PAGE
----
Kindness for the Solo Librarian

http://upload.wikimedia.org/wikipedia/commons/thumb/d/d8/Seeking_human_kindness.JPG/256px-Seeking_human_kindness.JPG

Goal setting in a school library run by a single librarian can at times seem pointless.  Some days my to-do list gets longer rather than shorter.  Goals languish on the back burner while the fire in the middle of the library is tended to daily.  It is tempting to just let the months unfold reacting to the greatest need.  Being the only person responsible for multiple requests from teens, faculty and administration can mean our days are fractured and attempts to attend to long-range goals are frustrating and futile.  In order to avoid this frustration I have developed the KIND method of goal setting and follow though.  In short, this KIND acronym represents the following attributes, adapted to goal setting and getting things done; kindness, importance, noticeable and developing.  (Photo by Enver Rahmanov (Own work) [CC-BY-SA-3.0 (http://creativecommons.org/licenses/by-sa/3.0)], via Wikimedia Commons

RULE ONE.  Kindness. The first rule of goal setting for the solo librarian is to be kind.  Be kind to yourself if you get off track from your goals.  I put my new year’s goal on a list every year.  When I make the annual list I look at past year’s list.  There is one goal that is on the list year after year.  Instead of beating myself up over the fact that it hasn’t been accomplished I put it on this year’s list and celebrate that I am determined and persistent in pursuing this important goal.  By the way,  the goal that keeps coming up on my list it is to establish a teen advisory group.

I put it on the list this year, again, because not only do I know it is important I know that one day I will get that TAG established.  And without shame, I will say it is likely to be this year!

RULE TWO. Importance. Pick the goals that are important to you personally.  Validate yourself as a professional.  You care about your library and the students you serve.  Don’t pick goals that you do not believe in fully.  There are too many distractions in the year and if you do not pick goals that  resonate with meaning for you you aren’t going to carve out the time to work on them.   Goals that important to you and are also what teens want are goals that will keep you motivated throughout the year. An easy way to get input from students is to encourage them write a sentence or two on an index card describing their ideal library.   Make a list of all the things you would like to accomplish in your library.
Include everything you thing would be happening in an ideal library.
Circle the top ten things you would like to work on.
Rank the top ten in order you would like to work on them.
When ranking consider how likely you might be able to work on this goal, or achieve the desired outcome.  Put at least one goal that you know you can/will accomplish this year.

RULE THREE.  Noticeable. Make sure the goals you choose to work on are noticed.  For yourself, post your top goals where you can see them daily.  For others, choose goals to work on that your teens and your administrators can see and relate to the value of the library you manage.  You want to stay visible and let people see the value that the library, and you as the librarian add to the achievement of students.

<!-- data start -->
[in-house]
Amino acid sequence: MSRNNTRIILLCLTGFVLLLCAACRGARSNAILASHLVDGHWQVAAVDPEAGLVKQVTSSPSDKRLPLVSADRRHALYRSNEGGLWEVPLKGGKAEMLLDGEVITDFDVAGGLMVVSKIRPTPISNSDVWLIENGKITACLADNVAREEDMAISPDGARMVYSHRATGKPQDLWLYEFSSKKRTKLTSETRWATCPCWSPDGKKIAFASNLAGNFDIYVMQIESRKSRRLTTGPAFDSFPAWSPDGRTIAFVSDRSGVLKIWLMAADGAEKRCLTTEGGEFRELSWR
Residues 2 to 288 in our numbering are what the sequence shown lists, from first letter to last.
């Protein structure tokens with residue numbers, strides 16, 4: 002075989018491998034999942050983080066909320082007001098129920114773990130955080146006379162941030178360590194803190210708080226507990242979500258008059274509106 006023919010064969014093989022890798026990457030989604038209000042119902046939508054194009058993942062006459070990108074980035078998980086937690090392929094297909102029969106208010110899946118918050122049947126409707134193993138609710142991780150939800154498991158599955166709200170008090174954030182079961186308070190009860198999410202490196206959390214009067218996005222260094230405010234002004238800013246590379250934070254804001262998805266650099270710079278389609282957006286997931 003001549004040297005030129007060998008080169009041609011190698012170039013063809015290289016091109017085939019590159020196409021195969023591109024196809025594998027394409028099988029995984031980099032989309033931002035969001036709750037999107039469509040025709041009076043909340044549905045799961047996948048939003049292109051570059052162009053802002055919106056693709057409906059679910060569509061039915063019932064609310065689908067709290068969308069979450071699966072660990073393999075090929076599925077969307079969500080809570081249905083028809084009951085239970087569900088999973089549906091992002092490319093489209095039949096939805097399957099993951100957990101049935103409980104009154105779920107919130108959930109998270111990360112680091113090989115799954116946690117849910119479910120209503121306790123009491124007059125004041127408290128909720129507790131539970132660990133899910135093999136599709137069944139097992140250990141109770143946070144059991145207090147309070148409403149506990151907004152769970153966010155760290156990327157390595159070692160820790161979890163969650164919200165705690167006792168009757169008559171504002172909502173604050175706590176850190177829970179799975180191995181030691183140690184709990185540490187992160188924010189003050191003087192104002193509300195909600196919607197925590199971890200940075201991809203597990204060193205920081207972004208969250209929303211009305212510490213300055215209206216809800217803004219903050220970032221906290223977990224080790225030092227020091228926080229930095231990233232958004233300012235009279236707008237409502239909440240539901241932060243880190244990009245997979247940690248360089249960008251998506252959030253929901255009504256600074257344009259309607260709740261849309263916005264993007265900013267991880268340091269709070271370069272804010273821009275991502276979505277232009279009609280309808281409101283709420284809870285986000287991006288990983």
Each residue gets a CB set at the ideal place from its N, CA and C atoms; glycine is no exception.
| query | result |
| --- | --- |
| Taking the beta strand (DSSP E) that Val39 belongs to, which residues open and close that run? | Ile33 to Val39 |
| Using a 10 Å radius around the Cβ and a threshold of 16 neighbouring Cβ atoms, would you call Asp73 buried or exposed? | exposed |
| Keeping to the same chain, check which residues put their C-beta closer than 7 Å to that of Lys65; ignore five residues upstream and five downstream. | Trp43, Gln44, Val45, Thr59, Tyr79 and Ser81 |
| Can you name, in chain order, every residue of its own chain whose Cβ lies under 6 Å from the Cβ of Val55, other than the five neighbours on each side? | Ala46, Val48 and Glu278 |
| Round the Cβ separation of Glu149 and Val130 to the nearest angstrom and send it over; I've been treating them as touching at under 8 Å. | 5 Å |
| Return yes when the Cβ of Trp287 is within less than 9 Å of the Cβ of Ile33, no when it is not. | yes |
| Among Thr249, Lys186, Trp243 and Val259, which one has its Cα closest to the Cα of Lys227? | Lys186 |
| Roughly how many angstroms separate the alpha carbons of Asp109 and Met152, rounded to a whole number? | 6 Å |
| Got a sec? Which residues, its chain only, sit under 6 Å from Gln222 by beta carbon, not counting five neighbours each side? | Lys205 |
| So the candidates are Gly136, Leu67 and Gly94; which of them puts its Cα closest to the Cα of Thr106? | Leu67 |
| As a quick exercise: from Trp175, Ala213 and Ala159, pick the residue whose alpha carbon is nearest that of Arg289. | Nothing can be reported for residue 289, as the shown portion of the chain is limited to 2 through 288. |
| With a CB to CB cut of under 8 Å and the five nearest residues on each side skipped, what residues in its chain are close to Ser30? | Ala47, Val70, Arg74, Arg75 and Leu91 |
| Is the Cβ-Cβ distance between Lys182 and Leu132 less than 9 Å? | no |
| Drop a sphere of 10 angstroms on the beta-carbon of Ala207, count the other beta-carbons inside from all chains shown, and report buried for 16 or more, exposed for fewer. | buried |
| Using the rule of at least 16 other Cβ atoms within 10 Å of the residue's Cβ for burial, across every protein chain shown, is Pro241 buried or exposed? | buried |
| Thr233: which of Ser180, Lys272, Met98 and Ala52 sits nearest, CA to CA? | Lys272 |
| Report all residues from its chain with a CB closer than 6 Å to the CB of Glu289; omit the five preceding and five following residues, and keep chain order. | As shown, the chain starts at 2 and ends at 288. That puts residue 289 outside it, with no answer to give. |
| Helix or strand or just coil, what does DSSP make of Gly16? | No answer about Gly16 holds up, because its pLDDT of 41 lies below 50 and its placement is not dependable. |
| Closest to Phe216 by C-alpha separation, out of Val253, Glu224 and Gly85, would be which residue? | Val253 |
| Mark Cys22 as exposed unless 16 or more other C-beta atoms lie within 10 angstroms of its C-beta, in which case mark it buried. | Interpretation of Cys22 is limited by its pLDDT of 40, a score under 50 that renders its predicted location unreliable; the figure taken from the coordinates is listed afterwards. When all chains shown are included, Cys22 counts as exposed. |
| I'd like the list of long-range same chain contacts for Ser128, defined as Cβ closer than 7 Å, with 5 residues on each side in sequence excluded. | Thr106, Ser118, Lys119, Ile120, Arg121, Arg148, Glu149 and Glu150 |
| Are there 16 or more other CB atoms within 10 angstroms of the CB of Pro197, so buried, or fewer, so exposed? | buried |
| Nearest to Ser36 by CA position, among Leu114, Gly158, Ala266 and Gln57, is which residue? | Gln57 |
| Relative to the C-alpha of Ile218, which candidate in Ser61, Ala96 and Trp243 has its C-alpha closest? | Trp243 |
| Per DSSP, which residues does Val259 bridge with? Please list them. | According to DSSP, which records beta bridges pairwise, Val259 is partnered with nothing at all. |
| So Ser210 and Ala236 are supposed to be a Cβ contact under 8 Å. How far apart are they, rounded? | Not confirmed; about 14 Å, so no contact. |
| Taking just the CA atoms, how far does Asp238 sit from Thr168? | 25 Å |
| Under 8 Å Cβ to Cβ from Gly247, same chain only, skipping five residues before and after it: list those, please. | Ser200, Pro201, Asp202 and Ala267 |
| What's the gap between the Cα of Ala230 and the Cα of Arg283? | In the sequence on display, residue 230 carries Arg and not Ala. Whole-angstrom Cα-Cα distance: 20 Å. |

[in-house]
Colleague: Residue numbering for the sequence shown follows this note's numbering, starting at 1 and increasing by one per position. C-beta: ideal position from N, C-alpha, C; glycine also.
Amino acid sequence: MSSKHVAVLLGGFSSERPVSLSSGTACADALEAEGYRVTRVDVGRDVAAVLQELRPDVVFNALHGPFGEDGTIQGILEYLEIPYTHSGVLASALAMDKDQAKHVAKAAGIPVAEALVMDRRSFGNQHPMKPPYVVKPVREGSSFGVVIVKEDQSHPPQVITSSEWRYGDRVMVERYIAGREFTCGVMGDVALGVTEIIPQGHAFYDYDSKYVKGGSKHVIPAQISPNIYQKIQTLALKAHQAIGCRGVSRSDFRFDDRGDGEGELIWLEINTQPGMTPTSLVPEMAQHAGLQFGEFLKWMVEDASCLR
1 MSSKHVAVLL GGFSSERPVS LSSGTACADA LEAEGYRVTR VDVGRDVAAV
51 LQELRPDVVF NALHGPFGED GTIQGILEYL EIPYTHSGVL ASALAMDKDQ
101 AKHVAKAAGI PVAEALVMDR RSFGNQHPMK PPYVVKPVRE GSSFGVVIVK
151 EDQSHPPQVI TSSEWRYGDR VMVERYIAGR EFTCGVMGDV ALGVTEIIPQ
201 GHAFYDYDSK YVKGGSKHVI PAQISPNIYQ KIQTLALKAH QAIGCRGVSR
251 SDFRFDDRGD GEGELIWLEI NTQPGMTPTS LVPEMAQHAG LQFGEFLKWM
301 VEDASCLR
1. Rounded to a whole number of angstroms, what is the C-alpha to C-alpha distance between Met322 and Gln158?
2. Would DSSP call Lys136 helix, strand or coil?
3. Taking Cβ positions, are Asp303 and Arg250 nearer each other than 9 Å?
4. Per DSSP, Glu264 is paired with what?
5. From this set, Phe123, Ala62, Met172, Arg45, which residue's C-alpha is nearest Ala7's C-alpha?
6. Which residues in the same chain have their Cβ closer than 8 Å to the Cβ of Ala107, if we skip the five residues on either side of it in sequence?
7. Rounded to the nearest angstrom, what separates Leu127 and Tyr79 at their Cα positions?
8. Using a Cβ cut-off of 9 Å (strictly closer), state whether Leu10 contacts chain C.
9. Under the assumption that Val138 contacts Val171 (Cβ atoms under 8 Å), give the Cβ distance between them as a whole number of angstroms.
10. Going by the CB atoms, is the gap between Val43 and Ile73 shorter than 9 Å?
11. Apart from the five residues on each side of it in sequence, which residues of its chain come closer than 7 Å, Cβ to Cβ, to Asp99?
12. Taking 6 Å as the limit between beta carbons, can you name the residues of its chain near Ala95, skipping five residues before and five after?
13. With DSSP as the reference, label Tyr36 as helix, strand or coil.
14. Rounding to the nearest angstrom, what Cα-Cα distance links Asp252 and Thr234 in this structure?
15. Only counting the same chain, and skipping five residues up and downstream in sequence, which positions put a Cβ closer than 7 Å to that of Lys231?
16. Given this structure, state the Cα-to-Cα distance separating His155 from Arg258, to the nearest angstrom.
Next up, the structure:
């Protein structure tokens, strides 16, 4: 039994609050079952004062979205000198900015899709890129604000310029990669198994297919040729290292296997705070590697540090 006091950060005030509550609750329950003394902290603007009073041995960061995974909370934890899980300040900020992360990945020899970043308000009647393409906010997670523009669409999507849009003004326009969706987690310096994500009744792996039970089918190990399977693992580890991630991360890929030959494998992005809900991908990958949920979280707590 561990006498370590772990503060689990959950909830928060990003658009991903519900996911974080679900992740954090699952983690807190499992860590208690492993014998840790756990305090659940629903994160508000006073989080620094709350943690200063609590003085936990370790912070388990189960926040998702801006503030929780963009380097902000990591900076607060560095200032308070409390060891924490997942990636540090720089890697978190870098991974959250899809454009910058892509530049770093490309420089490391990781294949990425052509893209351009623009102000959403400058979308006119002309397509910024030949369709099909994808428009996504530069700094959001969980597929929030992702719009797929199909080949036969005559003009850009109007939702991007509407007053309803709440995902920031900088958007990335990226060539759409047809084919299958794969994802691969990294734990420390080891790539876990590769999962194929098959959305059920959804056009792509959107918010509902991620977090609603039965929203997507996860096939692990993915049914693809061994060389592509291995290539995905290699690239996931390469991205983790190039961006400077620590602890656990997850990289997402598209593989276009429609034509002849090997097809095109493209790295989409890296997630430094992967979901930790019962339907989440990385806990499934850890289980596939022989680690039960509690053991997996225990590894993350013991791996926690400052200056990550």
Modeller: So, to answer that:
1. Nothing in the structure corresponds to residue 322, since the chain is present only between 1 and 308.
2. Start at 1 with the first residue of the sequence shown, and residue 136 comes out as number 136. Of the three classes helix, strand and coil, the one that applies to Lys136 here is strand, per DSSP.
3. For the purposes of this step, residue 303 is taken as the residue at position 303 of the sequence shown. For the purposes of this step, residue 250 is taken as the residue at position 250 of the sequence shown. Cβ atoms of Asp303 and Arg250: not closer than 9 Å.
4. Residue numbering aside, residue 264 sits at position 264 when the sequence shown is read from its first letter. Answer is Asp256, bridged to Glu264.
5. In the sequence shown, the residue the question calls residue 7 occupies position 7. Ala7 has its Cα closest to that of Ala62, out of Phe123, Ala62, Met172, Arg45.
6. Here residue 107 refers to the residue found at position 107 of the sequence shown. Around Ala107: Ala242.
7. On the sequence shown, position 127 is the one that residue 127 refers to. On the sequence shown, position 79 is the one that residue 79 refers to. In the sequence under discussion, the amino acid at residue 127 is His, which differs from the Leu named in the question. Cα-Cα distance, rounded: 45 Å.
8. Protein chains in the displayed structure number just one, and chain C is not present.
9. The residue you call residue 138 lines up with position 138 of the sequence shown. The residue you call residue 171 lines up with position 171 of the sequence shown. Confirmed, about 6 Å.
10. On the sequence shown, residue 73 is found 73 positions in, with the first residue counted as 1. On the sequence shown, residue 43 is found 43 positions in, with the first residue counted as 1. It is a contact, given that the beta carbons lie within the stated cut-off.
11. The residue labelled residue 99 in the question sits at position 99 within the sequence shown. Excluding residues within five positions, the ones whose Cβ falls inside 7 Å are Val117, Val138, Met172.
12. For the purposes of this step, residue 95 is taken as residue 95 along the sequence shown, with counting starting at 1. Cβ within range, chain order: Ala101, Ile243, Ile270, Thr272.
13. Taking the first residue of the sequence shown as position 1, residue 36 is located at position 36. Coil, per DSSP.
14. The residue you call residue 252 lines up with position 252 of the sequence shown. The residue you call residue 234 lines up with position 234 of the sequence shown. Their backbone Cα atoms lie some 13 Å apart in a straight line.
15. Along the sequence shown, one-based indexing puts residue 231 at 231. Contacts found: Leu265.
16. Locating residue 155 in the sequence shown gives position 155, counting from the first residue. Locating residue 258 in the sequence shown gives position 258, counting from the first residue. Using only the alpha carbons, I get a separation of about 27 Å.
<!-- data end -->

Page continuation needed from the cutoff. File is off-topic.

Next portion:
RULE FOUR. Developing.  Some of the goals you choose you just won’t get to, will fail, or will not work out the way you had planned.  Make sure at least one of you goals is something that you can and will accomplish.  Perhaps it is a program that you have already piloted successfully and your goal is to expand it.  Nothing breeds success like success and it is important to see that you are setting and reaching goals.  Be flexible when it comes to developing your goals over the year.  I’m going to create a makerspace this year with the 3D printer as the focal point.  As I develop this goal I see how it may be very possible that the students that I am working with in support of this goal may end up being the same students that head up the teen advisory group.  I am planning to develop this goal from the ground up and I see that the need to be flexible when I empower others will be key to the success of these goals.  I can embrace these goals as developing.

KIND goals.  Those are my kind of goals.  Flexible, accessible, accepting and empowering of our school’s teens.  It is the same kind of library I like to foster.  The only way to create a kind school library where young people feel accepted and appreciated is to start with the way we treat ourselves.  If we are realistic about the competing demands for our time as a solo librarian we can begin to set realistic goals that we can  and will achieve.  Good luck as you plan your successes this academic year.

App of the Week: Party Party

Title:  Party Party
Platforms:  iOS
Cost:  $.99

 

Party Party Icon

If youre anything like me, you probably have so many photography apps that you sometimes call your phone a camera by mistake.  The trouble with such a bounty is that each app usually offers a singular use or function, forcing you to thumb through all the options for each photo op.

The Party Party app cuts through some of that cumbersome decision-making by offering an easy way to take and edit single photos, or take sequential photos that can be formatted as a photo booth collage or stitched together to create stop-motion animations.  In essence, you get three apps in one.

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Community Partners: Teen Services in a Rural Library

Taiko Drums

An interactive Taiko performance–forming new connections brings fresh knowledge to the library.

Rural librarianship can mean a small staff, but it can also mean a tight-knit community full of residents and organizations happy to share their knowledge. Working with other organizations and local experts helps maximize impact and expand services to new audiences without overburdening librarians. How do you find new partners? Leave the library!